SDRAM, on the other hand, has undergone almost incessant upgrades and improvements since first emerging in the early 1970s.
Beyond the major cultural shift from synchronous to asynchronous and back again, SDRAM has continually been changing and adapting with the times for nearly 60 years. The most recent upgrade happened in 2018 when Samsung unveiled the 128Gb DDR4 SDRAM.
When looking at SDRAM and SRAM, this comparison of how the two have changed over the years is perhaps the most enlightening.
SDRAM vs. SRAM: Which Is Better?
At the end of the day, iSDRAM and SRAM have drastically different physical and technological makeups.
While it’s true that both are types of RAM, are nonvolatile forms of memory, and are essential to a computer’s ability to function, SDRAM and SRAM have very different uses in today’s world. For instance, SRAM is the preferred RAM for smartphones, while SDRAM is preferred for computers.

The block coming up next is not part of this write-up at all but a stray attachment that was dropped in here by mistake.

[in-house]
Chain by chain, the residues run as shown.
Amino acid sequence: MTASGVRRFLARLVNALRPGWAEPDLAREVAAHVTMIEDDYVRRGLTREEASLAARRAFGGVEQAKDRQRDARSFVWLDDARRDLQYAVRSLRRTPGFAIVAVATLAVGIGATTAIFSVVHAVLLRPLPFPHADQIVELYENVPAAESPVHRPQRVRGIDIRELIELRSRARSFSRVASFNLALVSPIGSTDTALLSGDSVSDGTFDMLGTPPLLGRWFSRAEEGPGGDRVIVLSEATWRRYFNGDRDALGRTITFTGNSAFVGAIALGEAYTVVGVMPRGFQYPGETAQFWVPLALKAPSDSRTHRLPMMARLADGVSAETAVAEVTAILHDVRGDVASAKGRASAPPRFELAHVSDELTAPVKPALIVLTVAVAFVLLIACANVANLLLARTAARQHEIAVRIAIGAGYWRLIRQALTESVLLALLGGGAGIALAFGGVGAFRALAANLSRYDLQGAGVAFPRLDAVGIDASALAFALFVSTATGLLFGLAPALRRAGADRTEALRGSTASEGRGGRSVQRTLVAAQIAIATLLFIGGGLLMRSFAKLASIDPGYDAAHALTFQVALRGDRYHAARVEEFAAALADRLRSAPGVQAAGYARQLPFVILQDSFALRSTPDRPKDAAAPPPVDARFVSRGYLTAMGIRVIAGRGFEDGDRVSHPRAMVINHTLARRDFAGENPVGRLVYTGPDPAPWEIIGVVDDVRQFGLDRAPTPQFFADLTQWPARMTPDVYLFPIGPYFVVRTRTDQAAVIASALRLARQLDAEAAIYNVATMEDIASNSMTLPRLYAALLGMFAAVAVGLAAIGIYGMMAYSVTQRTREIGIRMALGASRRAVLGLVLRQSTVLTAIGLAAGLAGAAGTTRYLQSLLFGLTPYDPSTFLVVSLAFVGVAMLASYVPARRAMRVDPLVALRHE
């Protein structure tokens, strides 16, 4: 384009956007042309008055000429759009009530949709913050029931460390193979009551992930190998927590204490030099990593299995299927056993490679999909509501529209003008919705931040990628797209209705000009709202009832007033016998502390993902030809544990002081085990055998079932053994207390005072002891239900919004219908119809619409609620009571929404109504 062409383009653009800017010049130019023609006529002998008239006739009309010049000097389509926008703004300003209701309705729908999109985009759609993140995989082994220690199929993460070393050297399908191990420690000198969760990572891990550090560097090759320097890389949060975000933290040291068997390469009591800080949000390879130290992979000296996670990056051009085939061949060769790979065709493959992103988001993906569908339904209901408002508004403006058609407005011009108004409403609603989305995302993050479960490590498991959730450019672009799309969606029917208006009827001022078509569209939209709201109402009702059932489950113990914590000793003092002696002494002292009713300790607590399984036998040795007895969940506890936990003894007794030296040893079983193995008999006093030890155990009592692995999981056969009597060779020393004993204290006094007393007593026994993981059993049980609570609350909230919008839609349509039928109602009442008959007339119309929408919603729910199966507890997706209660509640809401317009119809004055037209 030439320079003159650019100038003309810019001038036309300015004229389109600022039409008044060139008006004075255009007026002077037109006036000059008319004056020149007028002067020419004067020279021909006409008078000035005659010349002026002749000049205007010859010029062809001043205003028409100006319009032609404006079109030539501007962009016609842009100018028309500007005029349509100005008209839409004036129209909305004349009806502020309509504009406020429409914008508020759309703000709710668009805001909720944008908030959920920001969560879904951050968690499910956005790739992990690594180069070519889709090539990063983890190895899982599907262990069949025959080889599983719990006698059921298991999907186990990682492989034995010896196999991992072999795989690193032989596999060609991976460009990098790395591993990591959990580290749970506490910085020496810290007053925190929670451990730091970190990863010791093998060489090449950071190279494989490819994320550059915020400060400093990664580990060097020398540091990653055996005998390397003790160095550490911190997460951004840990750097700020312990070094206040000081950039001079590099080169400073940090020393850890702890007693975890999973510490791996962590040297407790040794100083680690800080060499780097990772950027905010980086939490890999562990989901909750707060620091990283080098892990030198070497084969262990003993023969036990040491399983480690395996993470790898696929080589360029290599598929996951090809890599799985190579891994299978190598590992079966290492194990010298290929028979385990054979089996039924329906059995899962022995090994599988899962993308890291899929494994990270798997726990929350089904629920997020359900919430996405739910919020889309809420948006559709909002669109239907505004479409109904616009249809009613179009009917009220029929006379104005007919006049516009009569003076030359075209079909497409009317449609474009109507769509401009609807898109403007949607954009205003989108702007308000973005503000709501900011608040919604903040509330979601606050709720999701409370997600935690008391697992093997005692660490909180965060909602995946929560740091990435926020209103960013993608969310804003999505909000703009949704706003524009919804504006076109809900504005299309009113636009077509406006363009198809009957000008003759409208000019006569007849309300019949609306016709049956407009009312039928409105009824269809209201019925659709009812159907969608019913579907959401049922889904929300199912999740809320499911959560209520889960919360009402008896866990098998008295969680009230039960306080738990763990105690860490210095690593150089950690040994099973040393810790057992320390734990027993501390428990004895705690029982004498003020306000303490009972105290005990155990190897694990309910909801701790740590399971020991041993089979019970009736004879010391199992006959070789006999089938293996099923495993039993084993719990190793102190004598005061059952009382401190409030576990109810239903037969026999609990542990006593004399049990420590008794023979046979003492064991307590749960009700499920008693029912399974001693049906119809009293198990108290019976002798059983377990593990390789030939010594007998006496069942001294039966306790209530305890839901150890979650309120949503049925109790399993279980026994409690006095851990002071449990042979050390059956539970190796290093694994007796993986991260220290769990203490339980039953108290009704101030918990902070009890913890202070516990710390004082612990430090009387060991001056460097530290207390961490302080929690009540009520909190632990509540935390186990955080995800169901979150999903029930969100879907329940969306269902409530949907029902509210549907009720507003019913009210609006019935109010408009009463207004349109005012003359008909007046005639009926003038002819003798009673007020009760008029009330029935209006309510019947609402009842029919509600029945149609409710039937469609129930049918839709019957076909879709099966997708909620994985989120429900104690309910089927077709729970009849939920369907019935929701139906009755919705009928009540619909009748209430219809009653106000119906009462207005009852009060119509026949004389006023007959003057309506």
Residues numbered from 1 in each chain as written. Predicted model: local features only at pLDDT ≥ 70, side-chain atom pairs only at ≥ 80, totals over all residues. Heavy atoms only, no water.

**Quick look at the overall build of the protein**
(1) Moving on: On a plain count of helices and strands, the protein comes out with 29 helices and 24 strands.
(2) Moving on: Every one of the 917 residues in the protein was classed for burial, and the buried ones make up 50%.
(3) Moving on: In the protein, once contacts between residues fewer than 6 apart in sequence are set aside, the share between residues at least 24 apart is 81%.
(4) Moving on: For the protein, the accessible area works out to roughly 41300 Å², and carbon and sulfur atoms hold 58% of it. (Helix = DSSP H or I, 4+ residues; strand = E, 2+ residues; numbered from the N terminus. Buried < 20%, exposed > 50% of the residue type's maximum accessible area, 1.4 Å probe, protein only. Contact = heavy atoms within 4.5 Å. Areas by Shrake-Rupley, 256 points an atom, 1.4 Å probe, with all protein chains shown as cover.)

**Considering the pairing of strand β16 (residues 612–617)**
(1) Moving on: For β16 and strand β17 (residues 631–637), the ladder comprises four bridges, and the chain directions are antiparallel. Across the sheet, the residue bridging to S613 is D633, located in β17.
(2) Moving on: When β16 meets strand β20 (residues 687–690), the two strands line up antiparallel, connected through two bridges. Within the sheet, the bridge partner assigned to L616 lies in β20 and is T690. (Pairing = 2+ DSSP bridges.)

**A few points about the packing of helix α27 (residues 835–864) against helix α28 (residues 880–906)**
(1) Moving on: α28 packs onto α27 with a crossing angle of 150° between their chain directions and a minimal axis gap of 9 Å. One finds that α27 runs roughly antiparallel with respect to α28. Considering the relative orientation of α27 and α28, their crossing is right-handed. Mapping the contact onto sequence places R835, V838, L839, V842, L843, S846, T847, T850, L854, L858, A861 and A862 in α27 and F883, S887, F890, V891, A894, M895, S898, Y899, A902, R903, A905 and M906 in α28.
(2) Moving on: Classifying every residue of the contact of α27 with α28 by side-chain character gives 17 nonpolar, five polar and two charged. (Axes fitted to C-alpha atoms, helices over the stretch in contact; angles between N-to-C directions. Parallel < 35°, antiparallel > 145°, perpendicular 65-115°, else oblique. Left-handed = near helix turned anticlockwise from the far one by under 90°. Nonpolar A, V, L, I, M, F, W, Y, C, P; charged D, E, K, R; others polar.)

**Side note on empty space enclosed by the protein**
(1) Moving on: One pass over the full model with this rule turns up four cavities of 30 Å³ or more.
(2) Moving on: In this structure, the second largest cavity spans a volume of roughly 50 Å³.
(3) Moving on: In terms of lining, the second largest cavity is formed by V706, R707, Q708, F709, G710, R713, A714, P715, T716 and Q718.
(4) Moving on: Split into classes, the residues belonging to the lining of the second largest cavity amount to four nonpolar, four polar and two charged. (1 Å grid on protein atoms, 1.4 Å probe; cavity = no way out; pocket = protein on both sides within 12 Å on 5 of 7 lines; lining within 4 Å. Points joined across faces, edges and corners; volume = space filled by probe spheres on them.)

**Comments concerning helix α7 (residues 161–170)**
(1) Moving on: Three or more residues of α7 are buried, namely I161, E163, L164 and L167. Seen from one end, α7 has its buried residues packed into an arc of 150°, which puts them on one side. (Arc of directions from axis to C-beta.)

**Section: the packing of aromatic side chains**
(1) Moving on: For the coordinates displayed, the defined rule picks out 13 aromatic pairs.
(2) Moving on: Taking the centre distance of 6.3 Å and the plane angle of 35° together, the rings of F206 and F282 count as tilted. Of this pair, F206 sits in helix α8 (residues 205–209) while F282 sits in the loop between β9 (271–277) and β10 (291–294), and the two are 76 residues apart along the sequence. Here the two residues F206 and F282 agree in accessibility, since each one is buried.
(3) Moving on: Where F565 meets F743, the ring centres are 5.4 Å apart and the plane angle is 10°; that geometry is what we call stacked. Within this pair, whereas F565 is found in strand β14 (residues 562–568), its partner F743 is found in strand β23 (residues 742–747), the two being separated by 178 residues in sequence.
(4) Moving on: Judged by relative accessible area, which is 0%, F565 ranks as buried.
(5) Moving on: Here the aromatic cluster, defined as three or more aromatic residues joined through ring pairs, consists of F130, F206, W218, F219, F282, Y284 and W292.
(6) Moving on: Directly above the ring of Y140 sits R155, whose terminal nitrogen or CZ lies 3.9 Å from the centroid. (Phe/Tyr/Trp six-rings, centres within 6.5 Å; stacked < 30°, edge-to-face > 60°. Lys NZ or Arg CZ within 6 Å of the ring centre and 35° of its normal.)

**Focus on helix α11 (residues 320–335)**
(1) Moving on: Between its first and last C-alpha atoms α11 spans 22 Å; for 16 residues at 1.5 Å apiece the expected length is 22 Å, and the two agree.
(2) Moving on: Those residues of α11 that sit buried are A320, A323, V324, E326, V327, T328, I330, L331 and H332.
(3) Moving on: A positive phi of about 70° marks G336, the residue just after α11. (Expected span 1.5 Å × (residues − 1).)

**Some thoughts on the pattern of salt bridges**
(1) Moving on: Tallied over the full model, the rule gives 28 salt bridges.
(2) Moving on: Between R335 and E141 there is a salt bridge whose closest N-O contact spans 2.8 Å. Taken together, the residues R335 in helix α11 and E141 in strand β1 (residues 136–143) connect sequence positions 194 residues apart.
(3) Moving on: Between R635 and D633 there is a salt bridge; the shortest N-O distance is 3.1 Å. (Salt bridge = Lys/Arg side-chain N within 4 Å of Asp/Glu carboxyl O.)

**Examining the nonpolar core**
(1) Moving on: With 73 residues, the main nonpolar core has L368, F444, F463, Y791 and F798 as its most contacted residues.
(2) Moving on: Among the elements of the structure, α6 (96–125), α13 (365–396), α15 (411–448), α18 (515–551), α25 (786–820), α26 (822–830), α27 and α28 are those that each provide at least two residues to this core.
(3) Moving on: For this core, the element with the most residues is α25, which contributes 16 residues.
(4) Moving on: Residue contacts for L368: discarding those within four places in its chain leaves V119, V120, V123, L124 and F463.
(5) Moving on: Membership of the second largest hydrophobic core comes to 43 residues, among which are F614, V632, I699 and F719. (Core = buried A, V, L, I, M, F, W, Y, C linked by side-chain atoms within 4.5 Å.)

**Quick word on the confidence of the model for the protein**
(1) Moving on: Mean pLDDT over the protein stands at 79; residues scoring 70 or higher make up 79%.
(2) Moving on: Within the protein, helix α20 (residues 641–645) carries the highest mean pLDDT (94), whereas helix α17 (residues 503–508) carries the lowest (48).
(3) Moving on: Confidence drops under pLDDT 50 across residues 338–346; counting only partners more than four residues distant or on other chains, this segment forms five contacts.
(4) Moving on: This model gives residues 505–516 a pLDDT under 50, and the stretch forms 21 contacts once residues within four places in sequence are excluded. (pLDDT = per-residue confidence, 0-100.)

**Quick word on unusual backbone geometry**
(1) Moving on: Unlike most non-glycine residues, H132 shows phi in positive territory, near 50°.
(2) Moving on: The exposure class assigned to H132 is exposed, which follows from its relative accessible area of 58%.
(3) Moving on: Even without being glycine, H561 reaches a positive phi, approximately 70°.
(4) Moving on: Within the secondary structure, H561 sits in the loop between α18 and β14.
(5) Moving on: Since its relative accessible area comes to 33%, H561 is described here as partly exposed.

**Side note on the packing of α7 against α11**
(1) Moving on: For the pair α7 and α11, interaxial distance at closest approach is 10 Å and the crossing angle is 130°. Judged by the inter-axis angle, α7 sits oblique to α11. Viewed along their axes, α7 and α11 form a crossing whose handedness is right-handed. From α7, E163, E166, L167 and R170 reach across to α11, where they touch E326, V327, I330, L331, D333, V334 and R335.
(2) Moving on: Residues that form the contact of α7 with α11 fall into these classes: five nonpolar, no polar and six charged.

With that being said, it’s still possible to take an objective judgment based on the information we’ve discussed thus far.
Here are the facts: SRAM is faster and uses less power, but it comes at a higher price and a larger size. SDRAM, on the other hand, might have a slower response time and higher power consumption, but its cheaper price and smaller size make it the preferred choice for a computer system.
In the eyes of most, this makes SDRAM the superior form of RAM.